On appeal, Miller contends that the Superior Court justice erred as a matter of law in issuing his decision and entering judgment for Wells Fargo. First, Miller argues that Wells Fargo breached federal regulations during the loan modification review process and improperly foreclosed on her home while her loan modification request was pending. Miller asserts that Treasury Directive 09–01 prohibited Wells Fargo from noticing and conducting the foreclosure sale, arguing that servicers must not conduct foreclosure sales on loans that have been referred to foreclosure during the thirty-day period within which a borrower has submitted documents as verification of eligibility for a loan modification plan.9 However, absent from Miller's original or amended complaint is any suggestion of a claim related to Treasury Directive 09–01. Accordingly, the argument that Miller now raises on appeal was not raised in the complaint nor was it addressed at trial. In accordance with this Court's longstanding “raise-or-waive” rule, if an issue was not properly asserted, and thereby preserved, in the lower tribunals, this Court will not consider the issue on appeal. See State v. Gomez, 848 A.2d 221, 237 (R.I. 2004). We therefore deem this contention waived.

Next, Miller contends that Wells Fargo breached the covenant of good faith and fair dealing in the promissory note, mortgage, and HAMP modification process. However, the Superior Court justice concluded, “[T]here were no contract terms which afford [Miller] any right or impose upon [Wells Fargo] any obligation to modify a mortgage loan or to consider such modification.” Rather, as the Superior Court justice explained, “the mortgage contain[ed] clear and unambiguous language that [Wells Fargo] may foreclose for a payment default, without first considering loan modification.”

When reviewing a trial justice's decision on a motion for judgment as a matter of law, “[t]his Court, like the trial justice, will examine ‘the evidence in the light most favorable to the nonmoving party, without weighing the evidence or evaluating the credibility of witnesses, and draw from the record all reasonable inferences that support the position of the nonmoving party.’ ” McGarry, 47 A.3d at 279 (quoting Oliveira, 846 A.2d at 829). Because we perceive no error with the Superior Court justice's factual findings, we agree with the decision that, in the absence of a contractual obligation on behalf of the lender to either modify the mortgage loan or exercise discretion in evaluating a potential modification, this claim for breach of contract must fail. As such, it cannot be held that Wells Fargo arbitrarily or inconsistently employed its contractual obligations in violation of the covenant of good faith and fair dealing. See McNulty v. Chip, 116 A.3d 173, 185 (R.I. 2015) (applying Massachusetts law and holding that “a claim for breach of the implied covenant of good faith and fair dealing does not create an independent cause of action separate and apart from a claim for breach of contract”); see also Young v. Wells Fargo Bank, N.A., 717 F.3d 224, 238 (1st Cir. 2013) (“[T]he implied covenant cannot ‘create rights and duties not otherwise provided for in the existing contractual relationship.’ ” (quoting Ayash v. Dana-Farber Cancer Institute, 822 N.E.2d 667, 684 (Mass. 2005))). Turning to the HAMP modification process specifically, the First Circuit in MacKenzie v. Flagstar Bank, FSB, 738 F.3d 486, 491 (1st Cir. 2013), held that “borrowers are not third-party beneficiaries of agreements between mortgage lenders and the government.” See also Cathay Cathay, Inc. v. Vindalu, LLC, 962 A.2d 740, 745–46 (R.I. 2009) (holding that, in order “[t]o prevail on a third-party beneficiary theory,” the claimant must prove that he or she is an intended beneficiary of the contract). Accordingly, we are of the opinion that the Superior Court justice did not err in determining that Wells Fargo did not breach the covenant of good faith and fair dealing.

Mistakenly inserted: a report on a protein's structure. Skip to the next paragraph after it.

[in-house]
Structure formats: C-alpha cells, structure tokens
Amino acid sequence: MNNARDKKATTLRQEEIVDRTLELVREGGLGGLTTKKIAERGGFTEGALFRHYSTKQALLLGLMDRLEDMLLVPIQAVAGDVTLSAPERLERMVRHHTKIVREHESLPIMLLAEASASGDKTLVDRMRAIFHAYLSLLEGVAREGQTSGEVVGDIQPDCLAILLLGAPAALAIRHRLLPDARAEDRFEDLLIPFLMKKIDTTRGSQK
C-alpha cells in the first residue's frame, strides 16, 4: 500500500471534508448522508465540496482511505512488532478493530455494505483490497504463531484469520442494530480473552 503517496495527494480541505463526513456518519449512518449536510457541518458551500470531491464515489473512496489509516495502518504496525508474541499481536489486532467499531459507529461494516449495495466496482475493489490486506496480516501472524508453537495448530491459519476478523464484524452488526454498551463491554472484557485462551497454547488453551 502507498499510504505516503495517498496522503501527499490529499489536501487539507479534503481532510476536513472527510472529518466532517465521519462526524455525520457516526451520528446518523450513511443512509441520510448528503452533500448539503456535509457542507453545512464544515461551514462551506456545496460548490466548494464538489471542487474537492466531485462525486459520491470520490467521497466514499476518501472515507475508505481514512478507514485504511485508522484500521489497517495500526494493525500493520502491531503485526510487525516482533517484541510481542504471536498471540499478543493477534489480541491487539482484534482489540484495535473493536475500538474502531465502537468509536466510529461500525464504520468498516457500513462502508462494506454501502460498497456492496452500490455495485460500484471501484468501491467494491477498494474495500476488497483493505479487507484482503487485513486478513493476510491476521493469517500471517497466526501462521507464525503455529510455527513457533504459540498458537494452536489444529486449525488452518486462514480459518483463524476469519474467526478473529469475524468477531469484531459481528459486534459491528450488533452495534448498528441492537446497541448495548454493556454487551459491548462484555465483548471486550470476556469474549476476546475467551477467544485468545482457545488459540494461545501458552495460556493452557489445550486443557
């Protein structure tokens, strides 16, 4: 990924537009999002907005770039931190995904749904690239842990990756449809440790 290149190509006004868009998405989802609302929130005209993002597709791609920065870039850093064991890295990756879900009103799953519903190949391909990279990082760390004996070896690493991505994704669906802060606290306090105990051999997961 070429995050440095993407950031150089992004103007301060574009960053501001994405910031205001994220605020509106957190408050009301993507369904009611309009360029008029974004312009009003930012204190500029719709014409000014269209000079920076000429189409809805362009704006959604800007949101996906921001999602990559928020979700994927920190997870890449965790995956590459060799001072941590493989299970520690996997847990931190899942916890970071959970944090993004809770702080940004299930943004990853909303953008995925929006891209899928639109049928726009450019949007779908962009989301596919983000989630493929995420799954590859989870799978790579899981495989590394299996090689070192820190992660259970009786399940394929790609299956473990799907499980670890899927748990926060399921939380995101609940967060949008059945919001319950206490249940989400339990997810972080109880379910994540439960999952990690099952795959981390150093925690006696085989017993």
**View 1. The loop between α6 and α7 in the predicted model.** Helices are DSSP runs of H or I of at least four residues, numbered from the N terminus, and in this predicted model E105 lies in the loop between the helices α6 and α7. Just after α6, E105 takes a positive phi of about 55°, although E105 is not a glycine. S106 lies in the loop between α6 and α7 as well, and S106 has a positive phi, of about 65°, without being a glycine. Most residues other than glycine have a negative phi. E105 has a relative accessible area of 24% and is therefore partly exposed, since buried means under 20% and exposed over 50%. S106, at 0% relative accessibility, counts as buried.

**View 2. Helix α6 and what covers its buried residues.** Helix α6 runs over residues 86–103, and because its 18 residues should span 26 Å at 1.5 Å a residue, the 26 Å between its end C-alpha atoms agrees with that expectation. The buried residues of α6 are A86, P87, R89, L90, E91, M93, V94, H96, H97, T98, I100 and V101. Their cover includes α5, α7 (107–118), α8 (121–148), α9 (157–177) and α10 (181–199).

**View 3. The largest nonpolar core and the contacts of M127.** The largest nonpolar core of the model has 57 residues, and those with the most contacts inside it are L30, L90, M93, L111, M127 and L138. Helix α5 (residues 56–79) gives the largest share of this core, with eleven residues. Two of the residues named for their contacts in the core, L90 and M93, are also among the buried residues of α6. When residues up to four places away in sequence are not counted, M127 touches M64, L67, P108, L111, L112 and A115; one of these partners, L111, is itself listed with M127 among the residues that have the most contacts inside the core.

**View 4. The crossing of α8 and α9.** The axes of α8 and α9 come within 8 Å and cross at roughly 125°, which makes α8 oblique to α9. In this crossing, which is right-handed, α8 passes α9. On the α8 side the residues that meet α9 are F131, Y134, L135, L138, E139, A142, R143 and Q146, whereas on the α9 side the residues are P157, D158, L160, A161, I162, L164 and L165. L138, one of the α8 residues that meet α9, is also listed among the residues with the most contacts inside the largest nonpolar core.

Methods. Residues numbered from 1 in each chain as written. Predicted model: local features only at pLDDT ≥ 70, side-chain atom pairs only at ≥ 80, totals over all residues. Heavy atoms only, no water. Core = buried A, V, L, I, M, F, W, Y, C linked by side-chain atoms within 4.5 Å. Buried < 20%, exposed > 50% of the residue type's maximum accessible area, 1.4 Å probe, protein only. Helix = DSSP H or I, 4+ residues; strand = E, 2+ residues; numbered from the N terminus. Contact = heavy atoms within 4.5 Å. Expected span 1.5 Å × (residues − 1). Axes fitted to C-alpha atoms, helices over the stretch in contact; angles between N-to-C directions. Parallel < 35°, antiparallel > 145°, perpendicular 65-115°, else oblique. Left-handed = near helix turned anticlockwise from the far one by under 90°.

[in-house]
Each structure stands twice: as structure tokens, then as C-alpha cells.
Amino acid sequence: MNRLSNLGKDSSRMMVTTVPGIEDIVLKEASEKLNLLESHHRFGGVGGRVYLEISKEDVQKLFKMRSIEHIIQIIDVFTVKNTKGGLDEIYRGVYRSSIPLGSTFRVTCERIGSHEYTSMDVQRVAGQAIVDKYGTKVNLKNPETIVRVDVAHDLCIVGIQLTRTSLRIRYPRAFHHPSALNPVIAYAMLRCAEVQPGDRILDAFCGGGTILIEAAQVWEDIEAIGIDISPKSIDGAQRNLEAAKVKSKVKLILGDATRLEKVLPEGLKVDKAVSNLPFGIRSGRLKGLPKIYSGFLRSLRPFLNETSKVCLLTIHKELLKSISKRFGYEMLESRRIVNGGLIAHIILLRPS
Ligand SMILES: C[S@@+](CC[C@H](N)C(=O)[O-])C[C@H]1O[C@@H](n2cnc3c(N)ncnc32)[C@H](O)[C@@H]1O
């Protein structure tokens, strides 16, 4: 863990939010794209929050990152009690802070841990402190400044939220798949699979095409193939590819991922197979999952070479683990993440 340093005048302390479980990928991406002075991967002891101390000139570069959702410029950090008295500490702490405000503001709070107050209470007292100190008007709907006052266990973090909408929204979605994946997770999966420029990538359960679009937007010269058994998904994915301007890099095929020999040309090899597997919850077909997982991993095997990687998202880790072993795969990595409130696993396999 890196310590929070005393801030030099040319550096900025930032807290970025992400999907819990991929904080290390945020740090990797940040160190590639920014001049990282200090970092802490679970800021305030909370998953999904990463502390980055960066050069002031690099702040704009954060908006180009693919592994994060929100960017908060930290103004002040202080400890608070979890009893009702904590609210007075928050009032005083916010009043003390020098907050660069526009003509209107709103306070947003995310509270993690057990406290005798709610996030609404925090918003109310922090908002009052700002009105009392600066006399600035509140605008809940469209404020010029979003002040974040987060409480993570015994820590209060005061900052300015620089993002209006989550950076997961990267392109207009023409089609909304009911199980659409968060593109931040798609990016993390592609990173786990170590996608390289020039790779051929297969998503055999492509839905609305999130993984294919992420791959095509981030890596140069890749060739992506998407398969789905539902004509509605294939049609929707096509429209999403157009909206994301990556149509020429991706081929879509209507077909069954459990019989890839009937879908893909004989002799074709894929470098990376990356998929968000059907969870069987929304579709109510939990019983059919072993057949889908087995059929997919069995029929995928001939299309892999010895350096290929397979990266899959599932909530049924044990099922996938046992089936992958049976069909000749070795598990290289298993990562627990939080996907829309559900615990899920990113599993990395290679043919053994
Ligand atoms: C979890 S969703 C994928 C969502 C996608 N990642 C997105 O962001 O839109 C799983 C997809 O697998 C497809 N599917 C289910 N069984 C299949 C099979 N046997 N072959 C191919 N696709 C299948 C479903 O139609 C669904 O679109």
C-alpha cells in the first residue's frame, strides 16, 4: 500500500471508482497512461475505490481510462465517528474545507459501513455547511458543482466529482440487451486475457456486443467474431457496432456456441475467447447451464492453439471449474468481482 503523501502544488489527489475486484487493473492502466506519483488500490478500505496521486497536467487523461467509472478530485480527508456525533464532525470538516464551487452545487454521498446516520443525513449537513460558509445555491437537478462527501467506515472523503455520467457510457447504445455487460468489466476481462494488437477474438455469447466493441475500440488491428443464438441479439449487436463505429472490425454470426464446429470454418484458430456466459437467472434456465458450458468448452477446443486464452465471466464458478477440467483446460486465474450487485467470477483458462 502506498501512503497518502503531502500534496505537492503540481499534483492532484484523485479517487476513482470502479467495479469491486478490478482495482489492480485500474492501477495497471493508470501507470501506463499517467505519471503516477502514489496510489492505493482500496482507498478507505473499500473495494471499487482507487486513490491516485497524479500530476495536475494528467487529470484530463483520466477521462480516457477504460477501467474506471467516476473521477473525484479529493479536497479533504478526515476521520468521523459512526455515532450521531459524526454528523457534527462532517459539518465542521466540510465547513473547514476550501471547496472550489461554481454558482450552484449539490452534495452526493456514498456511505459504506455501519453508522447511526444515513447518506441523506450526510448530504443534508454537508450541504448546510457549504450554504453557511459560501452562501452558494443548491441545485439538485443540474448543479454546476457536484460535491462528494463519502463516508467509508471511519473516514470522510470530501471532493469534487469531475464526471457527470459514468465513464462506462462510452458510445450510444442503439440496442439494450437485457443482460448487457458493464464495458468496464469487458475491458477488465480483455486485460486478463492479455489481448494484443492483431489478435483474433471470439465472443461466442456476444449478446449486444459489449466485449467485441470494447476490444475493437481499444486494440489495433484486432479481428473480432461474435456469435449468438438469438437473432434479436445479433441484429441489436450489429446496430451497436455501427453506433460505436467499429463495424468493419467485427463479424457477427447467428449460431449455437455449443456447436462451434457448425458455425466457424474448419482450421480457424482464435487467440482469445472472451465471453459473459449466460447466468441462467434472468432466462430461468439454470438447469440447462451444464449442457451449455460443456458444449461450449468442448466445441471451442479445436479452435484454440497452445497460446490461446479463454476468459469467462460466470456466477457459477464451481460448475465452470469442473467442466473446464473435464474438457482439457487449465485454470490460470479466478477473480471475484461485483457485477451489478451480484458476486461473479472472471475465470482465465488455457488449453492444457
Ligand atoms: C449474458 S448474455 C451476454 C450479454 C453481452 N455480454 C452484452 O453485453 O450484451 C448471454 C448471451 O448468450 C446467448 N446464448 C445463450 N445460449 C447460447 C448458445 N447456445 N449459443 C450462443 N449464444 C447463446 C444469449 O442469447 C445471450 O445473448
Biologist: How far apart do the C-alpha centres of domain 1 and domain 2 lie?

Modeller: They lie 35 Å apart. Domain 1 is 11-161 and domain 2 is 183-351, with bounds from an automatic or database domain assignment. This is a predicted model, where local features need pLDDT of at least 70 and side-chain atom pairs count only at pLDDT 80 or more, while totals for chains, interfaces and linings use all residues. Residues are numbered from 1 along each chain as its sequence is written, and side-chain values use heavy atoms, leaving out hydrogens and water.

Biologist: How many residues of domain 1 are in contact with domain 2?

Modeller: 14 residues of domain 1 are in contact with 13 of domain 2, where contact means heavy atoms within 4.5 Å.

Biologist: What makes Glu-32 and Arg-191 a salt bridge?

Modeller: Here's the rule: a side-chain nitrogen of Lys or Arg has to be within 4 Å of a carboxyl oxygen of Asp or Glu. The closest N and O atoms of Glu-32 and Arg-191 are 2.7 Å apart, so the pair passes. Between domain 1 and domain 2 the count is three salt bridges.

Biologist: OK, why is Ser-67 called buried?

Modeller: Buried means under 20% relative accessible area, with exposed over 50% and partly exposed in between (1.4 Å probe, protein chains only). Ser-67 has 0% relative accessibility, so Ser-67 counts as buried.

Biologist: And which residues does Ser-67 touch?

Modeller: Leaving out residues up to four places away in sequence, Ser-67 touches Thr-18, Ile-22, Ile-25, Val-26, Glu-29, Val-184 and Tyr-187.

Lastly, Miller contends that Wells Fargo was estopped from conducting the foreclosure sale based on the HAMP guidelines. Before the Superior Court, Miller argued that Wells Fargo was estopped from conducting the foreclosure sale because she detrimentally relied on promises that Gibbons allegedly made—that the foreclosure would be rescinded. However, the Superior Court justice concluded that Miller's estoppel assertion was not credible because there was insufficient evidence to support this assertion. Before this Court, Miller asserts, for the first time, that Wells Fargo was estopped from conducting the foreclosure sale due to her submission of over one hundred pages of financial documentation in accordance with the HAMP program and communications between the parties relating thereto. Miller contends that she relied, to her detriment, on Wells Fargo's good-faith review of her application and adherence to Treasury Directive 09–01 and thus failed to pursue other legal remedies. Although Miller's frustration with Wells Fargo's conduct is real and understandable, her allegations regarding Treasury Directive 09–01 were not raised in the Superior Court. We therefore conclude that the Superior Court justice did not err in finding that Miller failed to meet the burden of proof on her promissory estoppel claim.